Take 5: A Roundup of Reads From Around the Web

This week: How to stay happy at work, weird side effects of the Trump presidency, working till you die, seniors starting businesses and why you need to run out and buy life insurance this minute.

Take 5: A Roundup of Reads From Around the Web

1. 4 Steps to Take Before You Buy Life Insurance

[Credit.com] “The 2015 Life Insurance Barometer, which polled 2,032 adults, showed nearly one-third of Americans believe they need more life insurance than they have. Further, 43 percent of Americans said they would feel the financial impact of losing their primary wage earner within six months of his or her death.”

I’ve written quite a bit about life insurance over the years. In my opinion, while it’s obviously necessary to protect a family from the death of a breadwinner, life insurance can also be oversold. For example, in this article, the author quotes someone who insists you need to have a minimum of 10 times your salary in life insurance. “If you earn $100,000 per year, for example, you could estimate you need $1 million in coverage as an absolute minimum.” I find that logic overly simplistic. Read the article and decide for yourself.

2. 7 Steps to Starting Your Own Business After Age 50

[The Dollar Stretcher] “Thinking of starting a business? You’re not alone. According to the Kauffman Foundation, an organization that studies entrepreneurship, the age group starting the greatest number of new businesses is those 55 to 64.”

I find the above statistic amazing. Who would have thought that a group that used to be considered on the verge of retirement is now the most entrepreneurial? Awesome. So is some of the advice in this article. Young whippersnappers take note: The seven steps in this story can help anyone preparing to launch a business startup, no matter their age.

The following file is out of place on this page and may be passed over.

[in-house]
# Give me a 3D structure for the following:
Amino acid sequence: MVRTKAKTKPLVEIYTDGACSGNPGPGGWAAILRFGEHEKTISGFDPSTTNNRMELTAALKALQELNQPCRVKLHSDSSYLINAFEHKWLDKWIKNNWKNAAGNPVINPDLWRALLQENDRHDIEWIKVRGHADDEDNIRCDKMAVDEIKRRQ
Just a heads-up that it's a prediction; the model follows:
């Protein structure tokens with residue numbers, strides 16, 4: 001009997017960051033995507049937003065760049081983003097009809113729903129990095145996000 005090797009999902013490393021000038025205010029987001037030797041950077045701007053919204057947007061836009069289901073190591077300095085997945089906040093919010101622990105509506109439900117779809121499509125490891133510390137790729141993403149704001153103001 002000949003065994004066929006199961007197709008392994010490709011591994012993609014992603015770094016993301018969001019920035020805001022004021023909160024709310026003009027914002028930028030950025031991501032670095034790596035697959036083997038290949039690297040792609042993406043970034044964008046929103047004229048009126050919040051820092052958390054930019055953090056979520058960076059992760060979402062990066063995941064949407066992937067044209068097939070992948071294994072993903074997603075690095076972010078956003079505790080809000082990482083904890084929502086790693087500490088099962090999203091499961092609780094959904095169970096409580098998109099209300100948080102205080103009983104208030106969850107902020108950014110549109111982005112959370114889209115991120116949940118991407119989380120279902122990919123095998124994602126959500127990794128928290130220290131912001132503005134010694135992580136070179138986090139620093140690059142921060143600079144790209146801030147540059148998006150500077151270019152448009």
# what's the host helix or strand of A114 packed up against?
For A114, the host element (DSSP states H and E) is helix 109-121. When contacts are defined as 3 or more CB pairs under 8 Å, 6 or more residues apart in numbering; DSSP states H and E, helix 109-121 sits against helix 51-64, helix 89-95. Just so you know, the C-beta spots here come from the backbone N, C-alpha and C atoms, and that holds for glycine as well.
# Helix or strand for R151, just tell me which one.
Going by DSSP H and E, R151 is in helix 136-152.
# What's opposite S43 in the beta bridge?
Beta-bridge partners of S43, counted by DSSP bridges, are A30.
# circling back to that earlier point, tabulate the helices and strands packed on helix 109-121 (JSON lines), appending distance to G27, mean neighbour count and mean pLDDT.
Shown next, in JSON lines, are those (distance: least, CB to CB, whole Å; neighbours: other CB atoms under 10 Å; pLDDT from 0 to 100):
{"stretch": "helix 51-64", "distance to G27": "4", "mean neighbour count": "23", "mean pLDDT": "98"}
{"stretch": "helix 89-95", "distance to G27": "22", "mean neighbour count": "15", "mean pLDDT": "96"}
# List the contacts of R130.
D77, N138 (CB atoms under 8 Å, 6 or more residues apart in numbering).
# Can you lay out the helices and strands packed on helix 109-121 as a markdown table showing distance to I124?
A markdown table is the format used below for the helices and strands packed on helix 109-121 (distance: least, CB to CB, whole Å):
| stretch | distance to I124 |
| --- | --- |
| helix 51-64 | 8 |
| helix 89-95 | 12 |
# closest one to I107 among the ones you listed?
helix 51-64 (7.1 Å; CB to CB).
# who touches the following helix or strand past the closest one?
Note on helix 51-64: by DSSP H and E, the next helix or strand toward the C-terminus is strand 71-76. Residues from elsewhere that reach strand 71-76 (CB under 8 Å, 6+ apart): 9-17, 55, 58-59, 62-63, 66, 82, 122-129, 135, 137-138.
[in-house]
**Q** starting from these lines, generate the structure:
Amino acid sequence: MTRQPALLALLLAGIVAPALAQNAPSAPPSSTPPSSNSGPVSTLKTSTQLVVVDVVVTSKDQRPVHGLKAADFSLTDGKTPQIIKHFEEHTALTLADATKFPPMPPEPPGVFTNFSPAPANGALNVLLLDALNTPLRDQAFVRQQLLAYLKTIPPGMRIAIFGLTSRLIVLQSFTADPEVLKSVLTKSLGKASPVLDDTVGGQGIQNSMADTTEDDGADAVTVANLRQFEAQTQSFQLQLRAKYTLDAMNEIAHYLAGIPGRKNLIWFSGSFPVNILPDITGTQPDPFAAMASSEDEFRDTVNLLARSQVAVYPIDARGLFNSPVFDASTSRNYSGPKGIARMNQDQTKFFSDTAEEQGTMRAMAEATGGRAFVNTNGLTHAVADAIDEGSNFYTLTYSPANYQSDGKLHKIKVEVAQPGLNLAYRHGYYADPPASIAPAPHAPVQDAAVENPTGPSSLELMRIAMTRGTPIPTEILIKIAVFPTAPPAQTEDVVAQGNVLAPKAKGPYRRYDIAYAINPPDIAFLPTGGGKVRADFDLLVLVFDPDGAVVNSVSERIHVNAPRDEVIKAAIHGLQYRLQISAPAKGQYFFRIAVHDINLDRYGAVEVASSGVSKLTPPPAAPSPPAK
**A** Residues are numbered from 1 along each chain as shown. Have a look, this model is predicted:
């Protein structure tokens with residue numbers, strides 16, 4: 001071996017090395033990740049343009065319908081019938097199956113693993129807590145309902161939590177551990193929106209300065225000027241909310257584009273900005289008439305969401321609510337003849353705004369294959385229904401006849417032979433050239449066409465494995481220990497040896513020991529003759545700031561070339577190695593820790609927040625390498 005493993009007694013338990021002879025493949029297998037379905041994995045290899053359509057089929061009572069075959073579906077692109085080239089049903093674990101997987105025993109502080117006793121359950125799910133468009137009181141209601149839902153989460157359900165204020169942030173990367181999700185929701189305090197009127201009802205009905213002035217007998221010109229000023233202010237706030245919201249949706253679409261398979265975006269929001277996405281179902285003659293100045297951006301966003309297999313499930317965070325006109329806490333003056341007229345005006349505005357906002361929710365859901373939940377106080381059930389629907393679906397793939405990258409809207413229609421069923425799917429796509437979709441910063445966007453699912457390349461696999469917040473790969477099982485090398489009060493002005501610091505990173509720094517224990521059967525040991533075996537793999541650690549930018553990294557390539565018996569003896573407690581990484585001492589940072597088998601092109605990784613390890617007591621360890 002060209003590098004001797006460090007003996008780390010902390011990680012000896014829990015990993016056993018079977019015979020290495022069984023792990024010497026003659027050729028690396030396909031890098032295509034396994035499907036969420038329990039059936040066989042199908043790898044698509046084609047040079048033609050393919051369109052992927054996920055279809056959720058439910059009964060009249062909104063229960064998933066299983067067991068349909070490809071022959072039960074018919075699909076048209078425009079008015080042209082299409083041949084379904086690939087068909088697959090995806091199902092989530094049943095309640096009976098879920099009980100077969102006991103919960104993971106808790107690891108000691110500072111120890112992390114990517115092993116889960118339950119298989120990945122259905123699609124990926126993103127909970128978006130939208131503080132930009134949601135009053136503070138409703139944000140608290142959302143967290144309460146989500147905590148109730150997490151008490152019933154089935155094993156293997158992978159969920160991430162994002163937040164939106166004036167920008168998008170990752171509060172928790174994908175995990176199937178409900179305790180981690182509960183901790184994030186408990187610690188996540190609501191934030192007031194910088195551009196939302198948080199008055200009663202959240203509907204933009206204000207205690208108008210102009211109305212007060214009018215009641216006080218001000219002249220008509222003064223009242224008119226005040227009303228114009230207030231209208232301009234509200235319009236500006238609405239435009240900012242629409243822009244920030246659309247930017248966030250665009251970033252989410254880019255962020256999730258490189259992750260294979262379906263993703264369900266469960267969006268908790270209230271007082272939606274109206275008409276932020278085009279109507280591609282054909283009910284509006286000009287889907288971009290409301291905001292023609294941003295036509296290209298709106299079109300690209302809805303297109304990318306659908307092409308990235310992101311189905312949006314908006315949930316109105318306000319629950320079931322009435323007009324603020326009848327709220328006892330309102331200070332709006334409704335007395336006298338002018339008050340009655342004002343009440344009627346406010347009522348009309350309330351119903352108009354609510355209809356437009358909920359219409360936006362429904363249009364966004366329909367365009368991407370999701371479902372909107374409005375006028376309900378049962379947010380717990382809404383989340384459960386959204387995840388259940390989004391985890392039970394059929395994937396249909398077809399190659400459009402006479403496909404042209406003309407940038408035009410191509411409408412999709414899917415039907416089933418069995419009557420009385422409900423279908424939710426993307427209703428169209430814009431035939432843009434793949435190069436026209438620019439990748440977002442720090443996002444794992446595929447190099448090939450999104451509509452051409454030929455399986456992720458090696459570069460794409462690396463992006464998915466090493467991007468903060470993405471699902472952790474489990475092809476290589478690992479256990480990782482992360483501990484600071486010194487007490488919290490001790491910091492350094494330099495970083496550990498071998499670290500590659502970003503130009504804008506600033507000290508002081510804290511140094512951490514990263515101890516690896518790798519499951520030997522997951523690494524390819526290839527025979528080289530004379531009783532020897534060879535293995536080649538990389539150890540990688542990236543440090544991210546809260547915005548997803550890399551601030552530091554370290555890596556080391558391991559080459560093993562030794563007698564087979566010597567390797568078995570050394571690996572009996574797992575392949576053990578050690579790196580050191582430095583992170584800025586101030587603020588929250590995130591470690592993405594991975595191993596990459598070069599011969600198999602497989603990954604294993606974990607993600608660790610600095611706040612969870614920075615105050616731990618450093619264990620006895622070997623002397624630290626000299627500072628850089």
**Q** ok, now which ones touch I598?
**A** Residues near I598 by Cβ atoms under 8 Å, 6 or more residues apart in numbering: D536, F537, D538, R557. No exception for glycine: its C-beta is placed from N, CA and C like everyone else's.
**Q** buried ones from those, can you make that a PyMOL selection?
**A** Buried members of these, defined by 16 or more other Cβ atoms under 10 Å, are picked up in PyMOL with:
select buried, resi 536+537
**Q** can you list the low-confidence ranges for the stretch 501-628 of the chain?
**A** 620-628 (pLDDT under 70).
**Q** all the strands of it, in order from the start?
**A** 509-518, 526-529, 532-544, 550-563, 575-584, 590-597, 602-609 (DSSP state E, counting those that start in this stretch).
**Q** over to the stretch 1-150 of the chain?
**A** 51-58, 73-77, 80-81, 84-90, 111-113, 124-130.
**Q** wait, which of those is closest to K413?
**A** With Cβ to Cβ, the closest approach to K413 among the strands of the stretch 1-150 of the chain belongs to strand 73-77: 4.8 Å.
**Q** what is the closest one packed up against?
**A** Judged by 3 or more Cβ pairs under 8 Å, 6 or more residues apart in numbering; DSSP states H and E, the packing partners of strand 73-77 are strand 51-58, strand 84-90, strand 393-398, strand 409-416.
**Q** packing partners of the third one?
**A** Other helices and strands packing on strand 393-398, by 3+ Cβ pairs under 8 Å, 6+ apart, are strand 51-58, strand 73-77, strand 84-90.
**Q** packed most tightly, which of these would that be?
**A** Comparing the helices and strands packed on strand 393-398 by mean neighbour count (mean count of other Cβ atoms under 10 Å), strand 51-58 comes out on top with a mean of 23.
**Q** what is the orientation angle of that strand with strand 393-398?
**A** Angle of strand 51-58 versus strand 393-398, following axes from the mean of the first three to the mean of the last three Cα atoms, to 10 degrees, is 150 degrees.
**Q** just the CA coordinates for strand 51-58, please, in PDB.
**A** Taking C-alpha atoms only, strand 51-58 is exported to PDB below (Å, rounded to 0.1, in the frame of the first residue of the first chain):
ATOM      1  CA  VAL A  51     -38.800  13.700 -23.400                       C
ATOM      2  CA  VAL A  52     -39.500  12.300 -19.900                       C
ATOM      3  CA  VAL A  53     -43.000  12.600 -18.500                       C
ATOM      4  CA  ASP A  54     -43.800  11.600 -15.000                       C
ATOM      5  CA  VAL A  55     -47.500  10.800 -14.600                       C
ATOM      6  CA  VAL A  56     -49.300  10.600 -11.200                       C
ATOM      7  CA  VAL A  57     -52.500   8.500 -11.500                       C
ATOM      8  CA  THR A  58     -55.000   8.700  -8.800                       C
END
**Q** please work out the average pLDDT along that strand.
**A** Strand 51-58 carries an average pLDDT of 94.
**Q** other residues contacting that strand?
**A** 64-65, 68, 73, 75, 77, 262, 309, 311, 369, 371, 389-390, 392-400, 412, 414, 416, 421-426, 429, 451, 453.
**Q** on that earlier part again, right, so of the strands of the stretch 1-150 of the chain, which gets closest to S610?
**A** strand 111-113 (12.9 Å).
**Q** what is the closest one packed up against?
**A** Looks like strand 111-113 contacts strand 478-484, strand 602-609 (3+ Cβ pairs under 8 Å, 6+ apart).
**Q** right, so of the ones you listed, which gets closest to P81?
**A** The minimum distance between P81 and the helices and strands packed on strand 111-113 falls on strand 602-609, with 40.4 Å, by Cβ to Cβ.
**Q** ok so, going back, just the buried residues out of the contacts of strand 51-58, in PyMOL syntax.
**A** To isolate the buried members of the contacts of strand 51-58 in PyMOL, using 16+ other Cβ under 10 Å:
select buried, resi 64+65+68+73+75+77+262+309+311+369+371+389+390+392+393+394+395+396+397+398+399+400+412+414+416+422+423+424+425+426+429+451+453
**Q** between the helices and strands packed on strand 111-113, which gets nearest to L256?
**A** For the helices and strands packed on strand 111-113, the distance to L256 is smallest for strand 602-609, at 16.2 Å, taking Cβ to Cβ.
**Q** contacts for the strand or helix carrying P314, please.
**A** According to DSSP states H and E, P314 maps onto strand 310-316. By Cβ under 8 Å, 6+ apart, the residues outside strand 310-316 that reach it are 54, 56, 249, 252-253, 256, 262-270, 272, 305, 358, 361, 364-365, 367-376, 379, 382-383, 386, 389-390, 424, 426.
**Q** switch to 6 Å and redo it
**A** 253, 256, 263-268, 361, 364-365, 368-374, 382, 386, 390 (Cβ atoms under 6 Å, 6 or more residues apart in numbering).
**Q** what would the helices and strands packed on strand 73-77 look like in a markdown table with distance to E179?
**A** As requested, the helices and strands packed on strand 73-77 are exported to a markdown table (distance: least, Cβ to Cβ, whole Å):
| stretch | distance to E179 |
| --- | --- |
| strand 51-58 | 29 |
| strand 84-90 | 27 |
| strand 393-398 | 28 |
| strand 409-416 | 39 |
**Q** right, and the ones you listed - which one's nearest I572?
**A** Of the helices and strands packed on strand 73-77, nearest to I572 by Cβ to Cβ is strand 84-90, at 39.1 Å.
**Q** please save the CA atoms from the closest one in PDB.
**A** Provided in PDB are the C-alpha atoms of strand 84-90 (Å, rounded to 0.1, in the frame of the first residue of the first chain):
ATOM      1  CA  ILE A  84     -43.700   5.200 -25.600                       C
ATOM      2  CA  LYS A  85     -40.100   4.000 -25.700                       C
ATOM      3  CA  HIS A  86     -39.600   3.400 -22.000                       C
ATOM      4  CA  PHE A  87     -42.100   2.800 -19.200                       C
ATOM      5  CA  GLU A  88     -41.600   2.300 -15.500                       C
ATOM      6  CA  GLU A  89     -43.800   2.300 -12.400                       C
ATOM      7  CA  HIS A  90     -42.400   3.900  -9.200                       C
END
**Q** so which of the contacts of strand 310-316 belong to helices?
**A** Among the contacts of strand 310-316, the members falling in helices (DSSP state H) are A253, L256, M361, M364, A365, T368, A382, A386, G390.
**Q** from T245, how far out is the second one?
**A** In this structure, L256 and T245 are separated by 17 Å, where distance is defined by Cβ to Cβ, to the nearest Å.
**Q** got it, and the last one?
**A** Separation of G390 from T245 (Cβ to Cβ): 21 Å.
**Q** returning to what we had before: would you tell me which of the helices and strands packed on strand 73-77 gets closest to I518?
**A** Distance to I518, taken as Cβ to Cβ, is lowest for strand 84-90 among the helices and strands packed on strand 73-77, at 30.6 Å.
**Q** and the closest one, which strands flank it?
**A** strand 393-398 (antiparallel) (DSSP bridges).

3. Working ‘Til You Die Is a Lousy Financial Plan

[Money] “A large group of millennials have decided to punt on retirement altogether: One in eight plan to work until they die, according to Manpower Group. Some young workers simply feel they have no choice: According to Merrill Edge, one in five say they would need to win the lottery to retire and, partly because they have little faith in Social Security, 83 percent plan to work in at least some of their retirement years.”

To those of us already looking at 60 in the rear view mirror, the stats above will probably come as no surprise. I’ve written about this before: Company retirement plans are fading into history and for most of us, Social Security won’t be enough. That leaves only two options: Set aside a ton of money, or work till you drop.

4. 3 Weird Markets Trump Has Already Changed

[Debt.com] “A lot of people stand to make a mint off the election of Donald Trump. But one group is excited about that in a literal sense: the Professional Numismatists Guild.”

Apparently, Trump’s election has moved more than the stock market. This article says that the price of rare coins is getting shinier since his election, and the marijuana market is getting higher as well. One industry that’s heading down with a bullet, though: guns. For the facts behind the figures, give this one a read.

5. 11 Simple Ways to Survive a Terrible Workday

[Wise Bread] “When you have a bad day at work, you have to stay there. You have to keep going, keep being productive, keep moving forward. Since you have to stay, you might as well try to improve your day.”

To be honest, I picked this story because today is one of those days for me. I’m counting the minutes until it’s over. But this article gave me 11 ideas to turn that frown upside down, including listening to music, finding funny videos, focusing on other people, feeling gratitude, walking it off and my favorite: writing your stress away.

Did any of these ideas work for me? Well, in a way they did, because now I’m finished with this week’s column, my day’s over and I can go relax.

Don’t forget to share your thoughts and reactions in comments below or on our Facebook page!

Stacy Johnson
Stacy Johnson @moneytalksnews
I'm the founder of Money Talks News and have spent the last 40+ years in the personal finance trenches. I'm a CPA, author of a few books and multiple Emmy recipient. I'm ... More


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